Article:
November 27, 2014 5:45 pm
Updated: November 27, 2014 7:25 pm

Charges thrown out for those crossing injunction line on Burnaby Mountain

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WATCH: Kinder Morgan was back in court today – asking a judge to expand its injunction zone on Burnaby Mountain. And as Grace Ke reports, the protesters were also there trying to stop that from happening.

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VANCOUVER – A B.C. Supreme Court has ruled that all civil contempt charges issued to protesters on Burnaby Mountain have been thrown out. Those who were going to appear in court on Dec. 12 will now no longer need to do so, including Grand Chief Stewart Phillip, who was arrested earlier today.

The judge has also denied Kinder Morgan an extension on their injunction to keep protesters away from survey crews on the mountain. Kinder Morgan was asking for an extension to Dec. 12.

Kinder Morgan protesters chained themselves to the entrance doors of the Supreme Court during the court hearing. After a fire alarm went off the guards cut the locks with bolt cutters as it became a safety issue.

Thursday morning the injunction around borehole number two was removed as work has been completed at this site. The injunction around borehole number one remains in effect for a few more days.

Protesters on the mountain vow to stay at the site as long as Kinder Morgan employees are there. More demonstrators were arrested yesterday, pushing total numbers above 100 since police began enforcing the injunction.

On Wednesday the BC Civil Liberties Association (BCCLA) put out a press release saying nearly 90 of the arrests made by the RCMP could be found illegitmate.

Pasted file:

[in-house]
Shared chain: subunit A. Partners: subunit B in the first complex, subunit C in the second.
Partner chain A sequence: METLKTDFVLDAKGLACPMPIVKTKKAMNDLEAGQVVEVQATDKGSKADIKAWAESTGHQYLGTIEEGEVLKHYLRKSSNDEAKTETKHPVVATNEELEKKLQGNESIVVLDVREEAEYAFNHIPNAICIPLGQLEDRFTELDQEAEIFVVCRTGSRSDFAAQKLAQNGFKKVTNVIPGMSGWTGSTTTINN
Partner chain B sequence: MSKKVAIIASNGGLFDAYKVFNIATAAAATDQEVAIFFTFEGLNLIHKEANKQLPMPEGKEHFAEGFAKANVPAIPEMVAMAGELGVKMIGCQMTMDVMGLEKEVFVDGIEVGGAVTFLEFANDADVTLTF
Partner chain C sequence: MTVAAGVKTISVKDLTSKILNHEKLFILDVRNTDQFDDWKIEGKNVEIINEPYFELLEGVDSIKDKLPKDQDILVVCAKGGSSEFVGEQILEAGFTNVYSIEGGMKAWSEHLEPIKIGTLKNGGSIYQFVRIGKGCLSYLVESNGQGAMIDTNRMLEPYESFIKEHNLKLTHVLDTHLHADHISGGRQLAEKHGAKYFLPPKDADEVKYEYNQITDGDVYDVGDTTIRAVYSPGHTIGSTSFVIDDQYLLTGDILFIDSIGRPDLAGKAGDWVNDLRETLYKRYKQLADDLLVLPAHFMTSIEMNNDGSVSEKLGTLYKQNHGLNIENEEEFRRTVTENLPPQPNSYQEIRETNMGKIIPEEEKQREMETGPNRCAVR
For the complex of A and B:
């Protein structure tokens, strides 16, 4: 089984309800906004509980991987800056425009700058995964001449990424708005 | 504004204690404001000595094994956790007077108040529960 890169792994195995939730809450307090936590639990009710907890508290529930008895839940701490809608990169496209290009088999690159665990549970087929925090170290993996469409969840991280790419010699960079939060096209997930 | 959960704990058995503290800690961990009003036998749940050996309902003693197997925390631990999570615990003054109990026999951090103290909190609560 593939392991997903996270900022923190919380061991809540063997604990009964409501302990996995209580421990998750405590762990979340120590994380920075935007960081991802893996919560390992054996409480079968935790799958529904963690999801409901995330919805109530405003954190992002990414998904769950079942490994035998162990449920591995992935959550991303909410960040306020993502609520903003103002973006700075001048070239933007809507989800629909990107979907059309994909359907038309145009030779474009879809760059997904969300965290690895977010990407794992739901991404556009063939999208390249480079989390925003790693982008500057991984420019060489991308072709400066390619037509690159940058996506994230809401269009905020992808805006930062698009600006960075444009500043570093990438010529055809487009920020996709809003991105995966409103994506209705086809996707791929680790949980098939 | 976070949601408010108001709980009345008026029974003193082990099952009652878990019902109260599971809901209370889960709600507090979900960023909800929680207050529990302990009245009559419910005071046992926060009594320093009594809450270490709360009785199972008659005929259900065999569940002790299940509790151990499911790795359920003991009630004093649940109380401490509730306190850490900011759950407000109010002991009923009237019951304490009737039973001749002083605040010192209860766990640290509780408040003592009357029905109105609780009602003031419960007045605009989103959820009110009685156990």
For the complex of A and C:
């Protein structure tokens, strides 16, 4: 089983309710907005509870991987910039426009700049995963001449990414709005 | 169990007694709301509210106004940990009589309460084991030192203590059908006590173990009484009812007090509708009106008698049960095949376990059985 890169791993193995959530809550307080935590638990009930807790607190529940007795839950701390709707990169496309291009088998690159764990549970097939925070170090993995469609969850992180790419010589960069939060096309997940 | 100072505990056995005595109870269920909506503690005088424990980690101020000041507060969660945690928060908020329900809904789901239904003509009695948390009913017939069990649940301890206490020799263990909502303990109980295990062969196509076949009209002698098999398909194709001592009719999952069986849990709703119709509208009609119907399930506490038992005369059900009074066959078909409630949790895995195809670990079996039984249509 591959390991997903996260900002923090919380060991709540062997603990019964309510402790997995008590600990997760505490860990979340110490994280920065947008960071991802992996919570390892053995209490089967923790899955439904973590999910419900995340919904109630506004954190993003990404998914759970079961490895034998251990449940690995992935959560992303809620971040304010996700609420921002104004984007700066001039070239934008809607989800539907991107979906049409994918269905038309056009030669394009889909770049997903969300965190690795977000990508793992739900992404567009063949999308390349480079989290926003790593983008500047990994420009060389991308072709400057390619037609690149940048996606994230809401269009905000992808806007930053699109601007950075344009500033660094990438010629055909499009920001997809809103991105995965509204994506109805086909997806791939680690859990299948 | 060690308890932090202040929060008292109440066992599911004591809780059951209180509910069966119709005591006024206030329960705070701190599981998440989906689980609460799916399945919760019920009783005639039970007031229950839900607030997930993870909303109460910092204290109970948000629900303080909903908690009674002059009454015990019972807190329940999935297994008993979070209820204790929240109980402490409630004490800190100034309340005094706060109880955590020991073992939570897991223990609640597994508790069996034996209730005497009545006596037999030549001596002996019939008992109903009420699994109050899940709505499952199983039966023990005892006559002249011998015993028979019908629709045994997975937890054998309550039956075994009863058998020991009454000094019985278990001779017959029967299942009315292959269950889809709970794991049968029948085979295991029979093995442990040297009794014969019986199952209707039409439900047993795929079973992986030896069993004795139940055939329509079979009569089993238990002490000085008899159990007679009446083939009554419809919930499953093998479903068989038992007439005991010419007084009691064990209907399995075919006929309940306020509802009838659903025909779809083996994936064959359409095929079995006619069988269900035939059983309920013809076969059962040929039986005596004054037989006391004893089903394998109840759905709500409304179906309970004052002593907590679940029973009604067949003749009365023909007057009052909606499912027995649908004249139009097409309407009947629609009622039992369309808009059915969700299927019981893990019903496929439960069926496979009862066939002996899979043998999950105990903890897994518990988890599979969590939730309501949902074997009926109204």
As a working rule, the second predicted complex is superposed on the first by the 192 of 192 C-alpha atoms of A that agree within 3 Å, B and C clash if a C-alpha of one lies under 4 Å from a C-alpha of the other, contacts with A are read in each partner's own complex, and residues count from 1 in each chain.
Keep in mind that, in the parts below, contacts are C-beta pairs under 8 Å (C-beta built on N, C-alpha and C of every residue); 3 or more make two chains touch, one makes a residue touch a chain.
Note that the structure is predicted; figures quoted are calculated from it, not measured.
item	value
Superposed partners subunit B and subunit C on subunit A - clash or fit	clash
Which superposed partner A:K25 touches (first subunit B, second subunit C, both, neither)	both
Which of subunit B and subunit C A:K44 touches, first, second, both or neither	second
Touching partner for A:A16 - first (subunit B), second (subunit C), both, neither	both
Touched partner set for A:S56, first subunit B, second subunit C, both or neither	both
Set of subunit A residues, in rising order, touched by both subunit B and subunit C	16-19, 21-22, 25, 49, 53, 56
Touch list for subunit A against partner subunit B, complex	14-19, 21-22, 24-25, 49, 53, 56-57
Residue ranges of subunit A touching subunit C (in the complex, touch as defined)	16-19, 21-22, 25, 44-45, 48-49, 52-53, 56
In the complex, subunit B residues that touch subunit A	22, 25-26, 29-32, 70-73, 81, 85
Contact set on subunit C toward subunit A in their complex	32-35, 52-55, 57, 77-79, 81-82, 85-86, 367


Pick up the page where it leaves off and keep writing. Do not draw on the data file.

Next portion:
A new application to expand the zone from which protesters are prohibited on Burnaby Mountain says the RCMP have been arresting people for entering an exclusion zone that extends beyond the boundaries of the original court injunction. The BCCLA says by seeking an injunction for a larger zone, the RCMP is acknowledging that the boundaries of the injunction area have been unclear to protesters.

“The RCMP appear to have arrested dozens of people for breaching an injunction when they may have done no such thing; carting people away for crossing a line they didn’t cross,” says Josh Paterson, executive director of the BCCLA. “The thing with being charged with breaching a court order is that you need to have actually breached what the court ordered. It’s totally unclear whether that is the case, given the acknowledgment that RCMP have arrested people for crossing a police tape line that was metres from the actual injunction line. The enforcement of this injunction has been a mess from the get-go, with nobody really understanding where they are allowed to stand and demonstrate, and where they have to avoid.”

The RCMP says there is no confusion and when protesters cross the yellow police tape they know they are violating the injunction.

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